Recycling refurbished computers and other used electronics is a growing practice among sustainable enterprises. The idea is not only simple, but also socially responsible, and economically and environmentally friendly. The benefits are numerous: everyone in the community wins when local organizations offer recycled computers and electronics.
How It Works…
- Community members and businesses donate used computers and electronics.
- Well-trained professionals are hired to break down components, wipe hard drives and scrub data, and reformat and refurbish equipment.
- The like-new, refurbished equipment is then sold to people in need, schools and job training organizations at a much lower price than a new purchase.
A Growing, Sustainable Practice
Independence First does it. Goodwill and Dell Computers are doing it together. PC Rebuilders and Recyclers (PCRR)? It’s all they do! We’re seeing the recycled computer industry surge, especially in the non-profit sector - and for good reason. These organizations are able to sustain their businesses (whether the practice is only a portion of or their entire business model), while providing people in the community with jobs and job training, and therefore livelihood and a brighter future.
Recycling means Real Benefits
The benefits to these recycling programs are numerous – talk about positive influence!
Gettin’ Green The environmental benefits to recycling computers and electronics are monumental. On a basic level, the environmental impact is reduced due to a decrease in the amount of raw materials extracted from natural resources, many of them non-renewable. (Not to mention a reduced need for the social irresponsibility created due to conflict mineral mining, essential to the production of most consumer electronics.)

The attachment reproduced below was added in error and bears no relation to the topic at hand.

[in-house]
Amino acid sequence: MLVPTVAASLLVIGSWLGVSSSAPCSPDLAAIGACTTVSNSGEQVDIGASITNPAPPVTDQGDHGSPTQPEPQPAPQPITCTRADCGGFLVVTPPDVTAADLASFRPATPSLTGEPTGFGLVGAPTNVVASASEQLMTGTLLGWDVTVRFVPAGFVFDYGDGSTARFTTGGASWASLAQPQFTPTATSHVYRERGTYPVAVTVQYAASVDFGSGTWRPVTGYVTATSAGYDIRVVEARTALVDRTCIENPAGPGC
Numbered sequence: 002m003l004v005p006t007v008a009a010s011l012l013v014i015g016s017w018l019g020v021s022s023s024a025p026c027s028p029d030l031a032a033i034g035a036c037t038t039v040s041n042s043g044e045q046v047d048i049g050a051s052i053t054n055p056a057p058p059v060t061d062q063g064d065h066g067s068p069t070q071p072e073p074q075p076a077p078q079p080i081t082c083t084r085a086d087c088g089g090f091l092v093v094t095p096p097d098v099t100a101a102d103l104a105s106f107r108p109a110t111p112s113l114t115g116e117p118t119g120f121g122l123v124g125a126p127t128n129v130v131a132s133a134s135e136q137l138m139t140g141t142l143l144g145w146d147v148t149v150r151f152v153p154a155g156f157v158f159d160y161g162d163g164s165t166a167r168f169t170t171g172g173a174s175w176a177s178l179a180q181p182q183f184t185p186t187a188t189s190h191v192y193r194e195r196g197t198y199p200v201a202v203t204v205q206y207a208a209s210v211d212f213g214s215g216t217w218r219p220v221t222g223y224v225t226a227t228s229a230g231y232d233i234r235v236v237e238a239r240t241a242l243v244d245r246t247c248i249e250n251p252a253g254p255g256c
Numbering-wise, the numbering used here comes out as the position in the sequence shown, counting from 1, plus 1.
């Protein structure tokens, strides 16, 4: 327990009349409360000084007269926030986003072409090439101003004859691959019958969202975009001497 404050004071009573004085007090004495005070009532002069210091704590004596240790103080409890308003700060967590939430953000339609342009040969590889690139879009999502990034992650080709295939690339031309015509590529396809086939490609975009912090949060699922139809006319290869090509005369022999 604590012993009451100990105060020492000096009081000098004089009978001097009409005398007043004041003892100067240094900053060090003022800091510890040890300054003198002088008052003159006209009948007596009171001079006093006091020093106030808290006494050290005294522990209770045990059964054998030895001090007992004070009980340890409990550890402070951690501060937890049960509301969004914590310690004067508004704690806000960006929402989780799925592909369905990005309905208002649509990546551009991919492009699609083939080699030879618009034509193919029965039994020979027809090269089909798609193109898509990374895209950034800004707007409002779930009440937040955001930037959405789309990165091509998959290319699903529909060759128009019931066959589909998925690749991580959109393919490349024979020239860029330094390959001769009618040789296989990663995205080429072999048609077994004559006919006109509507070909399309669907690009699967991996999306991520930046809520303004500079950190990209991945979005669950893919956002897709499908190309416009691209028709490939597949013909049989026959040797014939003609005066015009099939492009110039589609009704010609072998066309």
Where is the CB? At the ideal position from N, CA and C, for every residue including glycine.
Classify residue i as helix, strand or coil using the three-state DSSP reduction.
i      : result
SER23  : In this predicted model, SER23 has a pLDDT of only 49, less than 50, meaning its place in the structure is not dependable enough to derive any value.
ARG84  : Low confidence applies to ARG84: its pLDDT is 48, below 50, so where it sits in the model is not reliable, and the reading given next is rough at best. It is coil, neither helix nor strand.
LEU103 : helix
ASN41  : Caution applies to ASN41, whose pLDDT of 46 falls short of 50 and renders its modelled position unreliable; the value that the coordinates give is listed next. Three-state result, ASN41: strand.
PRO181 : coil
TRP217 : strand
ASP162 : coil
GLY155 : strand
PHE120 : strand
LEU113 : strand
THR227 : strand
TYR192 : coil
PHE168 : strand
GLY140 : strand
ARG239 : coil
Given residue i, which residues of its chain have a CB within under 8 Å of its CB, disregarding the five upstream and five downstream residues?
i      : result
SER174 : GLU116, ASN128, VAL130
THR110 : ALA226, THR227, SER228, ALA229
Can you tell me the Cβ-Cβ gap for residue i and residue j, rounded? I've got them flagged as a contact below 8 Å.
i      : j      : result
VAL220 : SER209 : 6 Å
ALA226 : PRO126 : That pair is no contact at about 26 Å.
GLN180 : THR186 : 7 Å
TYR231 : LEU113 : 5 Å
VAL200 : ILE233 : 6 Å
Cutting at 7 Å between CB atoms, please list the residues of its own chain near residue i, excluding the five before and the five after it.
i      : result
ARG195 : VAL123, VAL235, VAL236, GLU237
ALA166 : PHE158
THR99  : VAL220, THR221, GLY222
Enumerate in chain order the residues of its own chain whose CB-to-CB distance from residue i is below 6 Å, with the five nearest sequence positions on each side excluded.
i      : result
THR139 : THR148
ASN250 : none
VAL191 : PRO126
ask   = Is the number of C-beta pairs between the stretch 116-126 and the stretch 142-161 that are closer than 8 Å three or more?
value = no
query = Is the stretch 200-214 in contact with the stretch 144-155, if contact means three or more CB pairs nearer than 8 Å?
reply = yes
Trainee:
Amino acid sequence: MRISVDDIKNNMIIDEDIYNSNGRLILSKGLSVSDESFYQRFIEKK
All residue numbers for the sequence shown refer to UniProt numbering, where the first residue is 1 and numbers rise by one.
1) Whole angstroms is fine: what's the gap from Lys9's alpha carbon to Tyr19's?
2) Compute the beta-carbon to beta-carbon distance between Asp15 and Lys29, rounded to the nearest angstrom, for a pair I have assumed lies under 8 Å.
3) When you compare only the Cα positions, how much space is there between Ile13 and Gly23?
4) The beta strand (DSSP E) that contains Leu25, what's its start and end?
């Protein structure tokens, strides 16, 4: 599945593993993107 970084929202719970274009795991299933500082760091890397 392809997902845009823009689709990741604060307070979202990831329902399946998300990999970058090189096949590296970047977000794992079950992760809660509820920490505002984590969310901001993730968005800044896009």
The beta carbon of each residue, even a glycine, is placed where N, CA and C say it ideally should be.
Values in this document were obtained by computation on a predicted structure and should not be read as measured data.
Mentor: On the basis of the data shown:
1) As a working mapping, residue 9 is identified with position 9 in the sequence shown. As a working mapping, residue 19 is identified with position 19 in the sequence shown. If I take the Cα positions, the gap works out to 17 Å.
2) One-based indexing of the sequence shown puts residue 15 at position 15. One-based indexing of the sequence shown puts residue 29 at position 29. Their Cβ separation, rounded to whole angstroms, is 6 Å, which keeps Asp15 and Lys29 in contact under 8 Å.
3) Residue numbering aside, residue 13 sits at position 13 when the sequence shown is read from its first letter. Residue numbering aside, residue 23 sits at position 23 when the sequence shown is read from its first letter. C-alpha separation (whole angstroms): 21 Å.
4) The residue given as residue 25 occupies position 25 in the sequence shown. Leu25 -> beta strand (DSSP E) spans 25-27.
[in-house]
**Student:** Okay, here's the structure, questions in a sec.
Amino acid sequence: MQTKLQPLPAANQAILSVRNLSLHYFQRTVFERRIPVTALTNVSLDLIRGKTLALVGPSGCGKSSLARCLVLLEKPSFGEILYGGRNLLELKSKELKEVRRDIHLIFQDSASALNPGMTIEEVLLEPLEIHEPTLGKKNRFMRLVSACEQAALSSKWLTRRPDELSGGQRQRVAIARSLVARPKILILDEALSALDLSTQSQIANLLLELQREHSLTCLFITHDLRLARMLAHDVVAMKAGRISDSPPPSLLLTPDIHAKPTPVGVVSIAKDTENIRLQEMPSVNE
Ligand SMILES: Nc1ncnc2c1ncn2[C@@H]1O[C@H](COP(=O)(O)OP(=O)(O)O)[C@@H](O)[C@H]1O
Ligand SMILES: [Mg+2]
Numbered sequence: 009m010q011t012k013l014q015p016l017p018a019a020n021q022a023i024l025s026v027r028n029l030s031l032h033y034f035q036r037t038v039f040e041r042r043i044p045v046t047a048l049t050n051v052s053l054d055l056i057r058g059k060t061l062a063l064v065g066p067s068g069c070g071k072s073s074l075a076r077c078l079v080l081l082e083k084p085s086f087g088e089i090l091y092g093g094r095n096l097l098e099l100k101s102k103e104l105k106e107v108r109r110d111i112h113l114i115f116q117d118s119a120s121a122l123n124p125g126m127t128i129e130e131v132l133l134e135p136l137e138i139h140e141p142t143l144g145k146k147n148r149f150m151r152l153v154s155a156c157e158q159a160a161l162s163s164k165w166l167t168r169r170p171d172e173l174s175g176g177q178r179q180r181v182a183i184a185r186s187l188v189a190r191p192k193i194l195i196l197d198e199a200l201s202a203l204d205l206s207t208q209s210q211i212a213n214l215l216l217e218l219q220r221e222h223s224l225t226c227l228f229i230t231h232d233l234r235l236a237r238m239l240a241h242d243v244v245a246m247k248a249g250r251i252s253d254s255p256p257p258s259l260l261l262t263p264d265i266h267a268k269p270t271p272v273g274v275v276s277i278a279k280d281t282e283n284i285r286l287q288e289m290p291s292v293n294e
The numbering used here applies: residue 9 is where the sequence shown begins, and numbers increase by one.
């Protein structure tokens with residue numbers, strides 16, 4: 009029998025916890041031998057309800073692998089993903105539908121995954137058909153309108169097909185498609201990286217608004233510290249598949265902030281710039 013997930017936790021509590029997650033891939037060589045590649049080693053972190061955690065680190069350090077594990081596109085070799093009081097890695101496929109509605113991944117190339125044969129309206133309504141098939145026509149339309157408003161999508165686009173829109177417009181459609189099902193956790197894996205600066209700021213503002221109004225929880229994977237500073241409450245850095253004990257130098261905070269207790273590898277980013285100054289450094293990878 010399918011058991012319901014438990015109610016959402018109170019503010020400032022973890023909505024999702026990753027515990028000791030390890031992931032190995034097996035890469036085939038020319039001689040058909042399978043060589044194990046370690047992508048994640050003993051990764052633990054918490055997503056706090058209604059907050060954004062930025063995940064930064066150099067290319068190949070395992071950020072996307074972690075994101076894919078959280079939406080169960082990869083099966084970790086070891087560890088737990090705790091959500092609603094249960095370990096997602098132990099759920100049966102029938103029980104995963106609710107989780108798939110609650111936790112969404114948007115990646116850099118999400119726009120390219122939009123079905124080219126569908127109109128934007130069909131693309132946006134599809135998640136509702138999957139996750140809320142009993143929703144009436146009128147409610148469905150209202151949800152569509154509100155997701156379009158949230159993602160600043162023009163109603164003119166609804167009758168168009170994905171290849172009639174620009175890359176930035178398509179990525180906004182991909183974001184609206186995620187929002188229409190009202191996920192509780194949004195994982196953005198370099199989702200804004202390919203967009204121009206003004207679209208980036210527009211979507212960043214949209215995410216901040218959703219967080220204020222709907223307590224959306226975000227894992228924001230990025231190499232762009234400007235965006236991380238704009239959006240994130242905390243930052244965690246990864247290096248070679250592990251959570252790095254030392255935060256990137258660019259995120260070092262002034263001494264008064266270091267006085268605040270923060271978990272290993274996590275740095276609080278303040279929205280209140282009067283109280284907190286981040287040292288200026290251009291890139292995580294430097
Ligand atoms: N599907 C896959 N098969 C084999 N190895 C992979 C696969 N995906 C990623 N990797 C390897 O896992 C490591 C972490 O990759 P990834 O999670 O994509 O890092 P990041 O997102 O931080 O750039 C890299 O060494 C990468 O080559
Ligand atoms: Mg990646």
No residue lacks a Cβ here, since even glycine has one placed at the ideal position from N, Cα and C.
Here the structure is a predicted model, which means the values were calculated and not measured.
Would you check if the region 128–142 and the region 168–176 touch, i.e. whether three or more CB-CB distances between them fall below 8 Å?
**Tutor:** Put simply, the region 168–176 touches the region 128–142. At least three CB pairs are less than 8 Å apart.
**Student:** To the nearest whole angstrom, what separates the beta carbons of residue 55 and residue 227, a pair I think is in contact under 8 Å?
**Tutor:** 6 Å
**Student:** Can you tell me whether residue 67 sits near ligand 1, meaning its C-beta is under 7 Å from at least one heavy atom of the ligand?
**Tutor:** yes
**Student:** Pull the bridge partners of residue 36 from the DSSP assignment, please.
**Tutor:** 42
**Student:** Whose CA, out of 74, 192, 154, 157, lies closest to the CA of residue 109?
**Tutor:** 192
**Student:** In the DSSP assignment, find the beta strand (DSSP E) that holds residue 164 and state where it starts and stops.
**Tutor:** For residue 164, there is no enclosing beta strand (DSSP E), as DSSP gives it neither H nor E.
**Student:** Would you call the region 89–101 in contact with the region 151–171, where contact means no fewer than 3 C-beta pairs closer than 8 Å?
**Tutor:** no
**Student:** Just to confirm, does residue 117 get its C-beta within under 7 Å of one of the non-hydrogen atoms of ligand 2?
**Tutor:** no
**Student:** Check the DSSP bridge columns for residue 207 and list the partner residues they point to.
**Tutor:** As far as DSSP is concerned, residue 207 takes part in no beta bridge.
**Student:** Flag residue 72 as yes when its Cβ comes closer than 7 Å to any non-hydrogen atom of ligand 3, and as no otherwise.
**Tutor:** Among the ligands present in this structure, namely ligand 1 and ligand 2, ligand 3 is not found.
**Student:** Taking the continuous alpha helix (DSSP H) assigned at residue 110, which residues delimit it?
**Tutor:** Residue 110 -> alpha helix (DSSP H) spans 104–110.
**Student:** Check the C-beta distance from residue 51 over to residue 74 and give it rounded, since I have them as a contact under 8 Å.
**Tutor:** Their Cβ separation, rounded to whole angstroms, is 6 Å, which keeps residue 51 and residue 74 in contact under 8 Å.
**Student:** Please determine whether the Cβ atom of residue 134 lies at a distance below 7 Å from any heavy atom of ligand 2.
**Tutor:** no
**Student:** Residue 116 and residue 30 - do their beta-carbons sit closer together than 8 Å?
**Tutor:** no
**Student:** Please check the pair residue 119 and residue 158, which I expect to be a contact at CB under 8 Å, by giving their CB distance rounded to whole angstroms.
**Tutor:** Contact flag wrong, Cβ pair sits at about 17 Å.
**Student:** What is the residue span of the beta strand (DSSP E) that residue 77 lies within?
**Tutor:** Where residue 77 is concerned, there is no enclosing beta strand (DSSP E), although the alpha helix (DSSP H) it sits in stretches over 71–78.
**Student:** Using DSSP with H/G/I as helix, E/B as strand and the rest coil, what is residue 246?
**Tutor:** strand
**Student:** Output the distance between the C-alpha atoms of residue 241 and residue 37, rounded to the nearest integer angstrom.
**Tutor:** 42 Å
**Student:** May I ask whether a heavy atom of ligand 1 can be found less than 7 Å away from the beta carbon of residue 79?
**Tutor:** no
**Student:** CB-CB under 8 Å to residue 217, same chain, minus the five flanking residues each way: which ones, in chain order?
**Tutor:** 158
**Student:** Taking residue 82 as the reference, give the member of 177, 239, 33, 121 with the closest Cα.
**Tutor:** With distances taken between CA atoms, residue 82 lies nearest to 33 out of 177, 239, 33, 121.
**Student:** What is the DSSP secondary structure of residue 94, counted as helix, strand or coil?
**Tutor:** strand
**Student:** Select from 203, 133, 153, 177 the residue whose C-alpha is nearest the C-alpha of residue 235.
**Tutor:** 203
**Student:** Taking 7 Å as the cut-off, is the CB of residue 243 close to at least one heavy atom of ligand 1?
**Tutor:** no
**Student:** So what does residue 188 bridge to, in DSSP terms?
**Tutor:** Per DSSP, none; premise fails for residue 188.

On the back end, computer recycling reduces the quantity of landfill items, which is always positive, of course. Computers contain a variety of extremely harmful chemicals, like lead, mercury and PCB’s.
“PA studies determined that before lead acid batteries were banned from landfills, consumer electronics contributed 27% of all lead in municipal solid waste. Furthermore, after lead acid batteries were removed from the waste stream, consumer electronics accounted for 75% of lead in MSW, but composed less than 1% of the waste stream. Hence, by diverting a small portion of the waste stream, landfills can accomplish significant levels of heavy metal abatement.”
Efficiency + Sustainability = Value
- Organizational Value: Increases financial performance of the organization due to low set-up costs and full-circle returns. Quick and easy turn-around per each machine refurbished. Creates a truly sustainable revenue stream for non-profits – and that means less money coming in from the tax base or from grant foundations.
- Community Value: Provides jobs within the organization. Plus, encourages area workforce development by providing affordable computer, job training and schooling options and alternatives to those who cannot afford new electronics.
- Economic Value: Basic computers are available to individuals, schools and non-profits for less than $200, and sometimes for as low as $50. Some companies even offer warranties on refurbished equipment that are nearly as good as (or sometimes better than) the original manufacturer warranty!
Contact any of the aforementioned organizations to donate your used computers and/or used electronics today. It’s a great way to benefit our environment, our non-profits and our communities.